On the Mar. 15, 2018 edition of Work with Marty Nemko: Jordan Peterson's 11 career-related rules. Jordan Peterson is the self-help guru du jour. I agree with 7 of the 11 and disagree with 4. I'll share all. In the program's second segment, I address your call-in questions about your worklife. Do feel free to call in. Work with Marty Nemko is heard every Thursday from 7 to 8 PM on KALW 91.7 FM in San Francisco and worldwide on KALW.org.
On the Mar. 8, 2018 edition of Work with Marty Nemko, Barbara and Marty Nemko kick around pros and cons regarding seven common career dilemmas. In the program's 2nd segment, listeners may call in for a Workover. Whatever career conundrum is besetting you or someone you care about, the Nemkos can usually help you come up with a plan. Work with Marty Nemko is heard every Thursday from 7 to 8 PM on KALW 91.7 FM in San Francisco and worldwide on KALW.org.
Scientists are discovering that ever more of who we are has genetic roots: from autism to addiction to Alzheimer’s, depression to sexual orientation to political orientation. People, especially prospective parents now have more information to help them to decide, for example, whether someone with a gene predisposing to breast cancer should get a prophylactic mastectomy, or someone with a severe mental illness should have children?
We relentlessly search for the "new.," sometimes forgetting that the tried and true may offer a higher likelihood of satisfaction. I list many such ideas and products as my @PsychToday article today: https://goo.gl/cHgANi
Muck Rack makes it simple to find people, tweets, or articles that mention any name, keyword, company, hashtag etc. We've compiled this guide to help you make the most of your search.
Selecting a term
Start searching tweets, articles from media outlets, articles mentioned in tweets, journalists'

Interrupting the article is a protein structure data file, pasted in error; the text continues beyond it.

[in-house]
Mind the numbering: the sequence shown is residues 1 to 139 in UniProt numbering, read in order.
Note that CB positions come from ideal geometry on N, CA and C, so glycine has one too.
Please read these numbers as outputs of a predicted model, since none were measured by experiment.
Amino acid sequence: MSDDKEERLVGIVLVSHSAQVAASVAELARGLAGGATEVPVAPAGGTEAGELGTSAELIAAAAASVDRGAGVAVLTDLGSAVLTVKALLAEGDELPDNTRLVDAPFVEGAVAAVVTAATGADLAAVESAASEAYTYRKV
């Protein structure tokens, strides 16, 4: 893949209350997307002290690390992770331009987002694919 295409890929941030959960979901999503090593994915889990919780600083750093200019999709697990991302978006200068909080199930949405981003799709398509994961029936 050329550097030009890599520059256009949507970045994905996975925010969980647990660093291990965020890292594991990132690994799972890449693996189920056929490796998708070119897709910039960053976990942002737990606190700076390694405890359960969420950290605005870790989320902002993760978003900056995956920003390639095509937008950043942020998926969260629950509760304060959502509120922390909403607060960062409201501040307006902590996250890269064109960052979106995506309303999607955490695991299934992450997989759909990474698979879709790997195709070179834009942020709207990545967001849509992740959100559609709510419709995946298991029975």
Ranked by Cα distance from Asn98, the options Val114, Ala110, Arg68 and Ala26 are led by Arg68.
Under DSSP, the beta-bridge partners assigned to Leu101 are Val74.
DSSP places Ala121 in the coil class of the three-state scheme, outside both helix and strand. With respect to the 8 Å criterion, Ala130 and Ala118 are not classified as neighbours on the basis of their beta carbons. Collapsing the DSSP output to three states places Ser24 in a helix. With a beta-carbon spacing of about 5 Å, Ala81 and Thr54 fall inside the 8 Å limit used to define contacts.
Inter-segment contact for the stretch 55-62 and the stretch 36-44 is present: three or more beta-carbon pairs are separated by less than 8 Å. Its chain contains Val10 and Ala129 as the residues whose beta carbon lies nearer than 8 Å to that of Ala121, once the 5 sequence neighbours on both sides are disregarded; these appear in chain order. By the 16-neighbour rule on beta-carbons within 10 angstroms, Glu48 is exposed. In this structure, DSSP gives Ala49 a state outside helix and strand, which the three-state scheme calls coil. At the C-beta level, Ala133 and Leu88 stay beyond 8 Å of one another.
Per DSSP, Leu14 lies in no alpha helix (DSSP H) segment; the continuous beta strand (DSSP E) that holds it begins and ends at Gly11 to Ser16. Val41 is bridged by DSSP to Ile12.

names, titles and bios with some suggested searches:
Companies or Topics (e.g. iPhone, Microsoft)
Phrases (e.g. "cloud computing") — use quotes to keep the terms together
Twitter handles (e.g. @username) — returns those who have mentioned or replied to
Names (e.g. "David Pogue")
Hashtags (e.g. #sxsw, #london2012)
Bio details (e.g. vegan, Olympics, father)
Muck Rack's Advanced Search allows for many boolean operators.
Find results that mention multiple specified terms, use AND or
+. For example, ensure each result contains both Elon Musk and Mark Zuckerberg by
searching Musk AND Zuckerberg or Musk + Zuckerberg.
Use the operators OR or , to broaden your search when you'd like either of
multiple terms to appear in results. (This is the default behavior of our search when no operators
are used). For example, results will contain either cake or cookie by searching cake OR cookie or cake,cookie
Use NOT or - to subtract results from your search. For
example, searching Disney will yield results about the Walt Disney Company as well as Walt Disney
World Resort. To exclude mentions of Disney World, search for Disney -World or Disney
When using one of these operators with a phrase, enclose it in quotation marks. For example, you can
find results about smartphones excluding Apple's iPhone 4S by searching smartphone -"iPhone
Exact case matching or punctuation
If you're searching for a brand name or keyword that relies on specific punctuation marks or capitalization, you can
find results that match your exact query by adding matchcase: before the keyword you're searching for, like matchcase:E*TRADE .
Use parentheses to separate multiple
boolean phrases. For example, to find journalists talking about having fun in Disney World or
Disneyland, search for ("disney world" OR disneyland) AND fun.
An asterisk can be used to search for any variation of a root word truncated by the asterisk. For example, searching for admin* will return results for administrator, administration, administer, administered, etc.
A near operator is an AND operator where you can control the distance between the words. You can vary the distance the near operation uses by adding a forward slash and number (between 0-99) such as strawberries NEAR/10 "whipped cream", which means the strawberries must exist within 10 words of "whipped cream".